• Allow students access to individual sex education and relationships as and when their physical, emotional and social development dictates
  • Promote and develop self esteem
  • Encourage the development of appropriate behaviour in their family and community
  • Empower pupils by teaching and supporting them how to make informed choices and decisions
  • Enable pupils to protect themselves
  • Give opportunity for discussion in a safe environment

Parental Involvement – Relationships education will be compulsory for all primary-aged and secondary-aged students and there is no right to withdraw from these sessions. SRE is compulsory from Year 7 onwards however parents/ carers have the right to withdraw their young person from this but not the National Curriculum science aspects of reproduction. Class teachers are expected to maintain an open dialogue with parents/ carers about the students SRE needs. PSHE leads can support this where needed. Written permission must be sought prior to teaching SRE.

Online Safety

We recognise that our young people are, and will continue to be, exposed to a range of technologies and will need the skills and understanding to use the internet safely. Our PSHE guidance provides a sequence of learning that will support our young people to work towards independence and an ability to look after themselves online. This is outlined below:

  • Pre-internet skills- exposure to technology, mechanical toys and use of technology to have impact, including use of switches to affect their environment and using a computer.
  • Supervised online activities- using websites for different purposes including research and games, usually chosen by an adult, and supervised. Working towards judging the suitability of results.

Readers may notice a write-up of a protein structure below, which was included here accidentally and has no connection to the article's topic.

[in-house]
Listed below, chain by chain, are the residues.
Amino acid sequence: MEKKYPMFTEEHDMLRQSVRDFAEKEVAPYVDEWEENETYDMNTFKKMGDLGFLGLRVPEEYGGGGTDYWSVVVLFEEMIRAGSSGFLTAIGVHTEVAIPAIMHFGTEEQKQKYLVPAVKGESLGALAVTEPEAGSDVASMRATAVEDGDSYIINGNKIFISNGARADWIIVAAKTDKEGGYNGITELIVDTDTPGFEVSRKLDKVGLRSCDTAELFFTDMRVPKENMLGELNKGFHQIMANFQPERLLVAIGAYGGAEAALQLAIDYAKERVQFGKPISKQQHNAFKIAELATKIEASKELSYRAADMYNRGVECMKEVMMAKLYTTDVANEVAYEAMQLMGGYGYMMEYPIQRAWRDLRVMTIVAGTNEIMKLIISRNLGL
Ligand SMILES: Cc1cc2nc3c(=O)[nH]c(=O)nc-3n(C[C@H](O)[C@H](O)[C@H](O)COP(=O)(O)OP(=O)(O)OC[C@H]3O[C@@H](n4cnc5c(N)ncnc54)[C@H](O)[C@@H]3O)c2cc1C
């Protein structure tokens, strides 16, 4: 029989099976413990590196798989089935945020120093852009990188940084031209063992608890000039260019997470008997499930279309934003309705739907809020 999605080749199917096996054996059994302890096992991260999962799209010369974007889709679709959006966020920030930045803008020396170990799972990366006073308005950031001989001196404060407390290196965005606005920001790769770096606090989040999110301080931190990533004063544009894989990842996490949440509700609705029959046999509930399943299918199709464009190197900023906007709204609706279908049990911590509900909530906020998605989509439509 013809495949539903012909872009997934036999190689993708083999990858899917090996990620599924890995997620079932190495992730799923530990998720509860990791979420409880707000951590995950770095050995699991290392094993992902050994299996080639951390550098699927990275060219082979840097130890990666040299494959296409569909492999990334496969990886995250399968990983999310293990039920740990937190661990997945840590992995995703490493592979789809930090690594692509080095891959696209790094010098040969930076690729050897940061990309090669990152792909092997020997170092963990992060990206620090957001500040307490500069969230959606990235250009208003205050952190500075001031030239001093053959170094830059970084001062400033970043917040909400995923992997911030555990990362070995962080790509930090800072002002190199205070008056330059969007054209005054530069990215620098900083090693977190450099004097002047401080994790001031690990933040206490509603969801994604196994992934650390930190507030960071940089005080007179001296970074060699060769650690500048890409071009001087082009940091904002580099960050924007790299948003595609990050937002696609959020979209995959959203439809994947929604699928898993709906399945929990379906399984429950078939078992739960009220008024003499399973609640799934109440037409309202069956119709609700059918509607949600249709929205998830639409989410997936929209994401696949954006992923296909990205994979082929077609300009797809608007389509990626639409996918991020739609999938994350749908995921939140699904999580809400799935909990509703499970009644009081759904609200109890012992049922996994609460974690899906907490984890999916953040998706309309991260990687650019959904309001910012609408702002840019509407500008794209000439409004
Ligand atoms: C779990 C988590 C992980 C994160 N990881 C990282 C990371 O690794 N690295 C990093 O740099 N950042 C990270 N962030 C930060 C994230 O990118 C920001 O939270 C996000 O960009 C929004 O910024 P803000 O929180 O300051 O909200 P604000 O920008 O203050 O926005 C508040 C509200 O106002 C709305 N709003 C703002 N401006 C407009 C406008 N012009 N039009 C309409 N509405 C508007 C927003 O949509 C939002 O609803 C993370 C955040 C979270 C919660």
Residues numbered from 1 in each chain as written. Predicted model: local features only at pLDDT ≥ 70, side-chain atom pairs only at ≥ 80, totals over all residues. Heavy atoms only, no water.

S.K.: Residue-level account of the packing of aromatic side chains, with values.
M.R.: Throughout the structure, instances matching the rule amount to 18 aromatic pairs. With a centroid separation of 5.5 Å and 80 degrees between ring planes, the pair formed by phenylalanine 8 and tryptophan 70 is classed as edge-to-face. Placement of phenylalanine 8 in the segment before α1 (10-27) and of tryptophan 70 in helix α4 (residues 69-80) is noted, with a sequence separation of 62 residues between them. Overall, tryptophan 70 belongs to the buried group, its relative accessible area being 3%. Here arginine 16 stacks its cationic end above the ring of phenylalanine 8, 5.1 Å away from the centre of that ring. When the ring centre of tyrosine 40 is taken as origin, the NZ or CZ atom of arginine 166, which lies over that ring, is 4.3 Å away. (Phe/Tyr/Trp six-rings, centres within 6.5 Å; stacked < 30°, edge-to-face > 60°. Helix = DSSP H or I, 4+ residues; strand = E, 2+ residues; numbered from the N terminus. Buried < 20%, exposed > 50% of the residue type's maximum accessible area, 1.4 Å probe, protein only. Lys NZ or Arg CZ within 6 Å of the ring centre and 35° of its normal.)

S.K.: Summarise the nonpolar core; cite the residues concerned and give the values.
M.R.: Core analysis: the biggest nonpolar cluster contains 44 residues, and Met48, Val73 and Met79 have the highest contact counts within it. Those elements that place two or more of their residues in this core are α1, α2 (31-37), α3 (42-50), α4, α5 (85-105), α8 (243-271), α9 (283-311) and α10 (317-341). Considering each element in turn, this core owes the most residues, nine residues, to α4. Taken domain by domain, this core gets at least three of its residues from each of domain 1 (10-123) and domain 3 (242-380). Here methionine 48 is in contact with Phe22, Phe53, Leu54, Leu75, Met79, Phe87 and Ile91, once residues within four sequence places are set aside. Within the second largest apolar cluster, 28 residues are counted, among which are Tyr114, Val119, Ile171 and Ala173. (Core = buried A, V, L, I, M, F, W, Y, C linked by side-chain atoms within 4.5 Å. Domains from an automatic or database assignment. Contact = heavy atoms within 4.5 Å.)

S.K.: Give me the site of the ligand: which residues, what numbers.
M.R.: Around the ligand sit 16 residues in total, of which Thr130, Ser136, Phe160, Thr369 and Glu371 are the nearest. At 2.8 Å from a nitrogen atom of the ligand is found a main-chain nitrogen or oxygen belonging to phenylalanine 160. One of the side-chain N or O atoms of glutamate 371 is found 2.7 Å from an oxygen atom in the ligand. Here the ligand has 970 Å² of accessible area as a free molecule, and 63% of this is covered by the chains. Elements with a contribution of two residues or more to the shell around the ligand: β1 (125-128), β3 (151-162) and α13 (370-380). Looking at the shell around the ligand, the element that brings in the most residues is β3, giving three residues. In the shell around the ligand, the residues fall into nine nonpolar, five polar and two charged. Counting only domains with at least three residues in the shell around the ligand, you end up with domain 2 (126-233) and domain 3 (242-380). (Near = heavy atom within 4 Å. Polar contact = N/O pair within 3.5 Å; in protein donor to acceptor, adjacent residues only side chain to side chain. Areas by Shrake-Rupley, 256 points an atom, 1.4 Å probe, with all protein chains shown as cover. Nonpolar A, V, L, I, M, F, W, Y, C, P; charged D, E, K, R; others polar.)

• Online safeguarding– understanding the risks involved with sharing information, cyberbullying and how to report concerns. Reporting inappropriate content.
  • Respecting others online- using the internet for communication and interaction, and being respectful and kind. Being a member of an online community.
  • Privacy- personal information, what to share and what to keep private, online profiles and using passwords.
  • Internet law
  • Online independence skills- including use of social media, websites, chatrooms as well as an awareness of viruses, malware and online gaming.

Health

Teaching about, and providing experiences that promote being healthy could have long term impact, and will be compulsory for all schools from September 2020. Our health sequence allows students to develop their understanding of looking after their physical and mental health at a level that is appropriate to their unique health needs.

Areas covered within our health sessions include:

  • Emotions and feelings including developing empathy and the feelings of others.
  • Recognition of their own role in keeping themselves safe, staying physically healthy and how to ask for help.
  • Self-care including personal care, self-regulation, making healthy choices as well as the benefits of hobbies and interests on their mental health.
  • Life skills and independence including road safety, personal space and safe interactions in various contexts. Managing own health, first aid and taking responsibility for medical and dental appointments during the transition to adulthood.

Assessment: the curricula and guidance are used to inform individual Home School Agreement targets. These are worked on throughout all subjects, and allow teachers to respond appropriately to the PSHE needs of individuals. HSAs are evaluated when necessary and data is gathered twice a year. Evidence is monitored by PSHE subject leads.

Resilience Framework and HSAs– Being able to cope with challenges, and balancing positive and negative factors is a profoundly valuable ability, and students who can develop their own resilience are likely to live happier lives in the future. The Resilience Framework (appendix) is split into five headings or compartments – Basics, Belonging, Learning, Coping and Core Self – to help us think strategically and practically about doing things resiliently. Each of our students has a resilience-based Home School Agreement target.

Everyone will be the best they can be; Everyone has a voice; No-one is excluded.